Whilst I was busy mourning the end of my Tai Chi classes, I was offered another post within the company that meant I was no longer working in town. Still angry with my manager I took the leap and left. Not having to wander around town in my lunch hour and having an onsite canteen meant that my waistline was expanding again. I got a call from my Tai Chi teacher asking me if I wanted to join a local gym – with a medical discount that would apply to my husband as well. We visited the gym. It was HUGE. Not only did it have an indoor running track but it also had two swimming pools, a sauna and a hydrotherapy pool. We signed up. There were a few disadvantages; it was a family gym and at certain times of day there were too many screaming toddlers and unattended youths who hogged the equipment and dive bombed each other in the pools – until a brave lifeguard tooted a whistle at them.

‘Six – come on!’

We spent a happy couple of years working out in the upstairs gym and then wallowing in the warm bubbles of the hydrotherapy pool. Then we began to notice the signs that all was not well. Equipment was out-of-order, the changing rooms were grubby, classes were cancelled at short notice. We made enquiries and were told that the parent company had backed out and the staff had clubbed together to take over the gym. This was sounding ominously familiar. We stumbled on for another couple of months and then the local newspaper revealed that the lease on the building had expired and the gym was no more. The building was being taken over by a well-known store. Another gym bit the dust.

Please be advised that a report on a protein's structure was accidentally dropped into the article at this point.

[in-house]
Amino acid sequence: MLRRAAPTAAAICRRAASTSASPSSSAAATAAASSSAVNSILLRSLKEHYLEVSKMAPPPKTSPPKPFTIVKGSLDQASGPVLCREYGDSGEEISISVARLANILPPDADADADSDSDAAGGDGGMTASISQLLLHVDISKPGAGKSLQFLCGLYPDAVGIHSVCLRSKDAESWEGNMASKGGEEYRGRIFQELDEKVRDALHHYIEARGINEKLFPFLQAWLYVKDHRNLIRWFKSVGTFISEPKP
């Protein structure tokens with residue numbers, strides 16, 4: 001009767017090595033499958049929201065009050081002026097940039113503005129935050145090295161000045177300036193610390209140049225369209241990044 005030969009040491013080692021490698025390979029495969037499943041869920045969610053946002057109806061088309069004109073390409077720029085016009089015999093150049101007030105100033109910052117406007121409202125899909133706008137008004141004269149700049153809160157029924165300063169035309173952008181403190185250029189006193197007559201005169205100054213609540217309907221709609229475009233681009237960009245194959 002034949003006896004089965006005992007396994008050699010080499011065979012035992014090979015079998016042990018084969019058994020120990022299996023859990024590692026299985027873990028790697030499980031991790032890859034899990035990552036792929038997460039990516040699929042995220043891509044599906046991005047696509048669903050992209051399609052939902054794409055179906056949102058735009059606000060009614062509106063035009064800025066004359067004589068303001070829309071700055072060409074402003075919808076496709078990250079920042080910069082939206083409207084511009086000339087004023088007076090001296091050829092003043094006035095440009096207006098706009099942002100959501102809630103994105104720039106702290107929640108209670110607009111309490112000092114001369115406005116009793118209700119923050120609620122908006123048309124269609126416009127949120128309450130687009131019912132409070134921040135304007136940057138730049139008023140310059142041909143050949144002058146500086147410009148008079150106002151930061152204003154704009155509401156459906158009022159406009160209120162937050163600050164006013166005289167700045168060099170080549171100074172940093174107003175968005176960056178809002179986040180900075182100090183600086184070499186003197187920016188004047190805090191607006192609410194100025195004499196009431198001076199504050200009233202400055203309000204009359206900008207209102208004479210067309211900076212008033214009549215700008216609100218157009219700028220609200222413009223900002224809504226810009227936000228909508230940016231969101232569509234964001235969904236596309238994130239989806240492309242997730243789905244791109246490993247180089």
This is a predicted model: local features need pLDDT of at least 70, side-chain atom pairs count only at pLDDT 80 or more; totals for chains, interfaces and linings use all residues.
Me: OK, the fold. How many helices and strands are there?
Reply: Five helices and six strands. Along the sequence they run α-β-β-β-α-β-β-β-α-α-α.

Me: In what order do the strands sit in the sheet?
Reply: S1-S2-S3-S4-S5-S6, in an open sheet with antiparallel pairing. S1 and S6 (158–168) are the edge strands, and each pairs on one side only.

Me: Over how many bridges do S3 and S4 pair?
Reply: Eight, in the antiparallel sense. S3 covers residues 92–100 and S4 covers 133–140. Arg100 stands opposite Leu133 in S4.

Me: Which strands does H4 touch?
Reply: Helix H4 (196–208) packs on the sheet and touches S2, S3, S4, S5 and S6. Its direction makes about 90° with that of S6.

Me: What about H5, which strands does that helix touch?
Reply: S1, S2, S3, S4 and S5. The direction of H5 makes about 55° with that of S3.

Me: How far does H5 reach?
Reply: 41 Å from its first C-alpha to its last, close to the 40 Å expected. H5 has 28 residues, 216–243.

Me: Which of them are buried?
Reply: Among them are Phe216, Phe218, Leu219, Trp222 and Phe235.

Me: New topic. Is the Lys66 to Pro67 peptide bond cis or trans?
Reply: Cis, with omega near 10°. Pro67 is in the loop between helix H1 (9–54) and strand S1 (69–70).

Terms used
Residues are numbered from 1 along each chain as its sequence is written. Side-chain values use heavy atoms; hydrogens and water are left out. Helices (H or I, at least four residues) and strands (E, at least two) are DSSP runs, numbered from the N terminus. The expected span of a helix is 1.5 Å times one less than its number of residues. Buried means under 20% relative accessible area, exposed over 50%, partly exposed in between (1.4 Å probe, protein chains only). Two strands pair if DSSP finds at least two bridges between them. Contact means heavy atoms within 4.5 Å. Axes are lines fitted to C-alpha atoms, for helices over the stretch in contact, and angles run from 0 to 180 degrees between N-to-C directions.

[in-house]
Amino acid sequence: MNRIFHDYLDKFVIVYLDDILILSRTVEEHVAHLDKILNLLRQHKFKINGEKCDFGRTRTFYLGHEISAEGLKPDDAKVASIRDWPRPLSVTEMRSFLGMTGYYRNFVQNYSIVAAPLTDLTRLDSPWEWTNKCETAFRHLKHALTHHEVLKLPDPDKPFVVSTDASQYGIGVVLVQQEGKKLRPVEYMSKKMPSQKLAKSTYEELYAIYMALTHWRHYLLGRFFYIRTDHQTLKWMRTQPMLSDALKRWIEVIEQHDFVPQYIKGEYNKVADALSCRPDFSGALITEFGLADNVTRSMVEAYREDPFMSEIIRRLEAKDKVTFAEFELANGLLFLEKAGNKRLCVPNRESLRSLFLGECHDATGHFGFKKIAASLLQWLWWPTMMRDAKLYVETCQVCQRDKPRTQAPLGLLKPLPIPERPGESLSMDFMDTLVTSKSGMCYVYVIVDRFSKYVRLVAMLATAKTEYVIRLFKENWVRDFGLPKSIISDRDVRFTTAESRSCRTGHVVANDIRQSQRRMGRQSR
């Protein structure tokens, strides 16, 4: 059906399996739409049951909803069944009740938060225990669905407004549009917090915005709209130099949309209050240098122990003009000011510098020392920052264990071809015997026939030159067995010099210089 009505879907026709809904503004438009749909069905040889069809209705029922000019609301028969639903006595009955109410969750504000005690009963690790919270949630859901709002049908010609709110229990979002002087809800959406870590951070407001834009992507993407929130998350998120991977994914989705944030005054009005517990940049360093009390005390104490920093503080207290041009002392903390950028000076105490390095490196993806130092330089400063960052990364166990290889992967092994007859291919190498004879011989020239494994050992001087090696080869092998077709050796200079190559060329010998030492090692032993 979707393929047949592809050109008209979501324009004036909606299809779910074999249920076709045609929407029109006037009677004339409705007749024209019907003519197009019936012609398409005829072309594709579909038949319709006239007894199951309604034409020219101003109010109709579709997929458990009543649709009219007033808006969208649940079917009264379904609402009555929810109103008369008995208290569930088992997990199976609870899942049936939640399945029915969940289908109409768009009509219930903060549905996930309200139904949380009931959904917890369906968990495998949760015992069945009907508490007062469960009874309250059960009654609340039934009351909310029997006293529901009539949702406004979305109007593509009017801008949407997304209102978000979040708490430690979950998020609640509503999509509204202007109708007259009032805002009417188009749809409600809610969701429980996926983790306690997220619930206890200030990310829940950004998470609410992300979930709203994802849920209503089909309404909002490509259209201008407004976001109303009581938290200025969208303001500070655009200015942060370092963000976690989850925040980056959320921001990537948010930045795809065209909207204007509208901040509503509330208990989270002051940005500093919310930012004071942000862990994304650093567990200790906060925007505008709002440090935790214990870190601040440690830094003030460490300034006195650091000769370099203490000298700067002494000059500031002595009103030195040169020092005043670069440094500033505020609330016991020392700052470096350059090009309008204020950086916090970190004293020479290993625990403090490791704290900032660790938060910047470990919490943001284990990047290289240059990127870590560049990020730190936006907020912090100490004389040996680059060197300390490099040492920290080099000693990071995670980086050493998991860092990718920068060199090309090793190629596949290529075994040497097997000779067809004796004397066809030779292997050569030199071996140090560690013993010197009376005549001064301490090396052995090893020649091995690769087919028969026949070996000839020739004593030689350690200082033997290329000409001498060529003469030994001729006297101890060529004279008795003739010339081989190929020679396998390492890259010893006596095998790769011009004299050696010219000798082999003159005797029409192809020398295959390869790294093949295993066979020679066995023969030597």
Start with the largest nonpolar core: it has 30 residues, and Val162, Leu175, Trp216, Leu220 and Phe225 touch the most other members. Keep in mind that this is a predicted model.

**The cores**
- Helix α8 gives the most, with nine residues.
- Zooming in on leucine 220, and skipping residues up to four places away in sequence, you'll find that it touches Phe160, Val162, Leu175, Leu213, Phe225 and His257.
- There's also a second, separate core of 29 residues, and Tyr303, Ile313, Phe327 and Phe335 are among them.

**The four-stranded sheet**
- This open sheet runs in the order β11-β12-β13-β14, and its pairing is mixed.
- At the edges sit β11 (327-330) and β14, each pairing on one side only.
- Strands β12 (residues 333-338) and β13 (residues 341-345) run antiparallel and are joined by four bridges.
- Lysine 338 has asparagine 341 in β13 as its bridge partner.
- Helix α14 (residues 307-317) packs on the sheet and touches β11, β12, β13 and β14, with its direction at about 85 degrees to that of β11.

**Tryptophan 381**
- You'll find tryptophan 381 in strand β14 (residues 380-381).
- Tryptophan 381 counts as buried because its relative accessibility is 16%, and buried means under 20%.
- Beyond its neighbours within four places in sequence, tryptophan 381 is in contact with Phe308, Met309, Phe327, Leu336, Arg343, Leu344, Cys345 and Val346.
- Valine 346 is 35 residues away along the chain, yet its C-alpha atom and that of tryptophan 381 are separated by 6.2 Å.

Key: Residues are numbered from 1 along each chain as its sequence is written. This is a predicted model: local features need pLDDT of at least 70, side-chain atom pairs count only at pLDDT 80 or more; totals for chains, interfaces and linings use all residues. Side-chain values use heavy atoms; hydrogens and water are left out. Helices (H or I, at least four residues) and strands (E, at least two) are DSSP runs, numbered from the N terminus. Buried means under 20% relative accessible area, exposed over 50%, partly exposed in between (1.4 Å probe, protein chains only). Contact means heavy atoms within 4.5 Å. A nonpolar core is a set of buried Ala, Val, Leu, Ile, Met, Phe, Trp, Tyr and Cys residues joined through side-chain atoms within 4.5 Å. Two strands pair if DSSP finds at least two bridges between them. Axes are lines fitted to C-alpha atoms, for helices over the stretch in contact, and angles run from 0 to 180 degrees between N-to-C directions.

‘Five more – well done!’

I managed to find my old Tai Chi teacher and fit in some classes (specifically for pensioners but he made an exception in my case). I learnt the other half of the routine and spent some very mellow Friday afternoons there. Then it was decided that our office would be moving back into the town centre and the leisure centre that had been hosting the Tai Chi classes was being demolished. Shortly before the office move I was involved in an accident at work which resulted in my foot being damaged, nine months of sick leave and an acrimonious parting of the ways between my employer and me. I couldn’t go out alone for fear of falling over and I developed arthritis in my right knee as well due to the pressure put on it whilst my foot was healing.

‘Four!’

I registered as self-employed once I had shed the shackles of office life, and used some of my tax rebate to buy a pair of Nordik Walking Poles – a friend had recommended them as a way of improving my mobility and my confidence. Slightly nervous, I took to accompanying my husband and our dog on night-time walks round the neighbourhood.  I was still relying on an ordinary walking stick to help me get around – except for supermarket trips when a trolley was essential however small the shopping. I had acupuncture to help ease the sciatic pain that kept me awake at night and finally had an MRI scan that confirmed that I had stenosis of the five lumbar discs. The skills of our osteopath – the Phizzard – put me back on my feet when things got bad but a more permanent solution to my mobility issues had to be found.